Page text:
Online competitions have become hugely popular from both a customer and a business standpoint. For competition entrants, it’s quite simple: who doesn’t like winning free stuff? For companies, competitions are effective marketing tools.
Thanks to the updating of GDPR in 2018, entering online competitions became safer than ever. Stricter data laws filtered out many scam based competitions while forcing the quality of others to be raised. Companies must now act responsibly with entrants’ information, making competitions more valuable to both sides.
Although the online competition landscape is more popular and it’s safer than ever, scams and illegitimate competitions still exist. Falling victim to a scam can result in significant losses. Whether you lose money or valuable information, cyber theft is a real threat.
It’s extremely important to be aware of potential competition scams. Here are some warning signs to look out for when entering online competitions.
Free e-mail accounts
Legitimate competition hosts won’t contact you using a free standard e-mail address like Hotmail, Gmail, or Yahoo Mail. The exception to this rule is if it is a small or local company. In this case, double-check with the company that they intentionally contacted you.
Study the e-mail address carefully to make sure there aren’t slight misspellings that may be difficult to notice at a glance. For example, there could be a number or an additional letter that shouldn’t be there.
If you have to pay to enter a competition, ensure that it is a reputable site and that your money is safe. If you are borrowing money to enter, avoid using unsafe or untrustworthy loan companies. Consider using a reputable company for payday loans or short term lending.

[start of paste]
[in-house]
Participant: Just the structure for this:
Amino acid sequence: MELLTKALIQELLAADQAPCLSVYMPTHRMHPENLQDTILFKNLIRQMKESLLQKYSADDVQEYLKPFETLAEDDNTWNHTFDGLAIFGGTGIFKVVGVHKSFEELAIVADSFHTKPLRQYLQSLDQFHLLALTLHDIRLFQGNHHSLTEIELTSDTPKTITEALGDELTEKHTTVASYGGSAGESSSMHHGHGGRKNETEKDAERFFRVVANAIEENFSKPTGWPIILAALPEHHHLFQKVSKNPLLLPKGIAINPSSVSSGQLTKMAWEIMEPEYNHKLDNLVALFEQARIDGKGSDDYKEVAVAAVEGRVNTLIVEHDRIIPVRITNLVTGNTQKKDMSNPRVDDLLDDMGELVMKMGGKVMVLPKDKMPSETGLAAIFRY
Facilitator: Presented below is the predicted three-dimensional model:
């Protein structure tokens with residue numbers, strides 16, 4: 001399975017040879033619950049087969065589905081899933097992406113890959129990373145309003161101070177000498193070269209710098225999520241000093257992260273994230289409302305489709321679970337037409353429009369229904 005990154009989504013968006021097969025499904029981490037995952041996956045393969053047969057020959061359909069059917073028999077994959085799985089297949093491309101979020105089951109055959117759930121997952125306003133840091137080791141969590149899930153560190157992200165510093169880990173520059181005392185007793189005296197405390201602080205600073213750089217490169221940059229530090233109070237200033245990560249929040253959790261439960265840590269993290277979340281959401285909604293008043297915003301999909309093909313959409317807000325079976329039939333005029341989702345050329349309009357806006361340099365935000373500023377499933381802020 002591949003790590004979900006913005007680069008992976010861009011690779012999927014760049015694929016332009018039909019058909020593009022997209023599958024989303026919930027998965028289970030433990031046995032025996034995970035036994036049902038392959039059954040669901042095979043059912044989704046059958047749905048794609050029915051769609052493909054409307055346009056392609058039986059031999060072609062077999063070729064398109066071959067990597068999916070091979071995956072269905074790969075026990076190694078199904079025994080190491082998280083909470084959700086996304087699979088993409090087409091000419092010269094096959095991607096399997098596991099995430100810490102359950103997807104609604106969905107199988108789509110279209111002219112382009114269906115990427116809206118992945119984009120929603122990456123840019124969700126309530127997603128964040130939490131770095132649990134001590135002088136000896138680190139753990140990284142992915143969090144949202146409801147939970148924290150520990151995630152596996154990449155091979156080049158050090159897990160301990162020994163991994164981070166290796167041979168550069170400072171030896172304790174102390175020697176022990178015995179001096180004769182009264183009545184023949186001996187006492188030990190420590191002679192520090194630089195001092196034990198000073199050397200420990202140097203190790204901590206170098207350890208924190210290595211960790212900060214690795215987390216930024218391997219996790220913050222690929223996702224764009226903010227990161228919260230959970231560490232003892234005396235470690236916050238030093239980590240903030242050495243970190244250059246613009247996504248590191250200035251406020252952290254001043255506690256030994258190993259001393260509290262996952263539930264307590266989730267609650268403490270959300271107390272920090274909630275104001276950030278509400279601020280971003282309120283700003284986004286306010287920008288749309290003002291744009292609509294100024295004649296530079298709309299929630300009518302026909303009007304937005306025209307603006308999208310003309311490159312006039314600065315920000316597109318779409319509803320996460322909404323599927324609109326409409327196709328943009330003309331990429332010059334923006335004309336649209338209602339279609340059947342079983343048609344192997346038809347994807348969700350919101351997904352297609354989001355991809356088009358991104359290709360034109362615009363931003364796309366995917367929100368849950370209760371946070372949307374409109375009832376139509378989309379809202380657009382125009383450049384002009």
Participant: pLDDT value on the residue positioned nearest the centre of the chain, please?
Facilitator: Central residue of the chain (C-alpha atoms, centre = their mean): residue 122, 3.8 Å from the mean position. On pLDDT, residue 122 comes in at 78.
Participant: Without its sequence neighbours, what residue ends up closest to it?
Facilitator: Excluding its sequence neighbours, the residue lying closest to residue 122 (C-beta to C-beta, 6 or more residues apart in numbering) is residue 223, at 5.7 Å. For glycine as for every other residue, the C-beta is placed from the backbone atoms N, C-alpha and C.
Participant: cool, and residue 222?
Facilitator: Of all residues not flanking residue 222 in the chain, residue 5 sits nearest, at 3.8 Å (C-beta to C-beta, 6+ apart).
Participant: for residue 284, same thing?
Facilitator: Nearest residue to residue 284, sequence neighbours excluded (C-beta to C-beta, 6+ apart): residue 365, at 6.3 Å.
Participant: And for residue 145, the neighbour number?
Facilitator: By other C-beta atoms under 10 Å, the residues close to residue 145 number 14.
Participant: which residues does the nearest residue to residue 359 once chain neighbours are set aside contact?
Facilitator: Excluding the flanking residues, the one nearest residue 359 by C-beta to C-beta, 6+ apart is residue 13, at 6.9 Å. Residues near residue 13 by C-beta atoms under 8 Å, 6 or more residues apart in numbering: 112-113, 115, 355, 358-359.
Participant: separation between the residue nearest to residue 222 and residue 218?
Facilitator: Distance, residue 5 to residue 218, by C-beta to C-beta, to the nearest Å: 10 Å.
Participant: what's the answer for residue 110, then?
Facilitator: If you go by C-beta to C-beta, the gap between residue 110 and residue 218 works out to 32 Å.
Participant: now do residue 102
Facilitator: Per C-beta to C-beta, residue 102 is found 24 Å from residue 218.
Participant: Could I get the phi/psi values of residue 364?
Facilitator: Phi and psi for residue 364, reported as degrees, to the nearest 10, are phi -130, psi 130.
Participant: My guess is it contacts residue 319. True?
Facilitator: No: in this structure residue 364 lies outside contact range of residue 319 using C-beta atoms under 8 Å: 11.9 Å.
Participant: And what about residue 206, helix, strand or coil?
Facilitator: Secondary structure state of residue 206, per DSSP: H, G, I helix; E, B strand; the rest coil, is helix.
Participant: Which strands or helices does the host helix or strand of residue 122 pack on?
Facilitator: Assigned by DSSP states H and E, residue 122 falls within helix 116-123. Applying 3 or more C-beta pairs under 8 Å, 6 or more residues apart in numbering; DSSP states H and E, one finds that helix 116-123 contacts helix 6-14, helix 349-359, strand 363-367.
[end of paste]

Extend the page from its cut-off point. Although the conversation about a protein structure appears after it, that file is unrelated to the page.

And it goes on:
Winning a competition that you didn’t enter
In a scenario where you get a winning notification, but you don’t remember entering the competition, it could be a scam. If it seems too good to be true, it probably is.
Go through your e-mails and competition history to see if you can find evidence of entry. Search for information on the competition company. If it seems legitimate, you may have forgotten that you entered. Try contacting the company through the details provided, but be wary that contacting them could be dangerous.
Bank transfer requests
In some circumstances, you may have to pay for competitions. However, you should never be requested to wire or transfer funds to a bank account. This is a common scamming technique. Once the money is wire transferred, it is very difficult to trace, meaning you are not likely to get it back.
Communication is not personally addressed
When entering online competitions, you generally have to provide a certain amount of personal information. Therefore, if you win, the communication from the competition runners should be personally addressed to you. This one of the most important online competitions warning to bear in mind.
If you receive a generic e-mail that’s addressed to “winner” or “Sir/Madam”, this is a big red flag. There is a strong chance that you are the target of an e-mail phishing scam. If this is the case, your best course of action is to delete the e-mail and block the contact.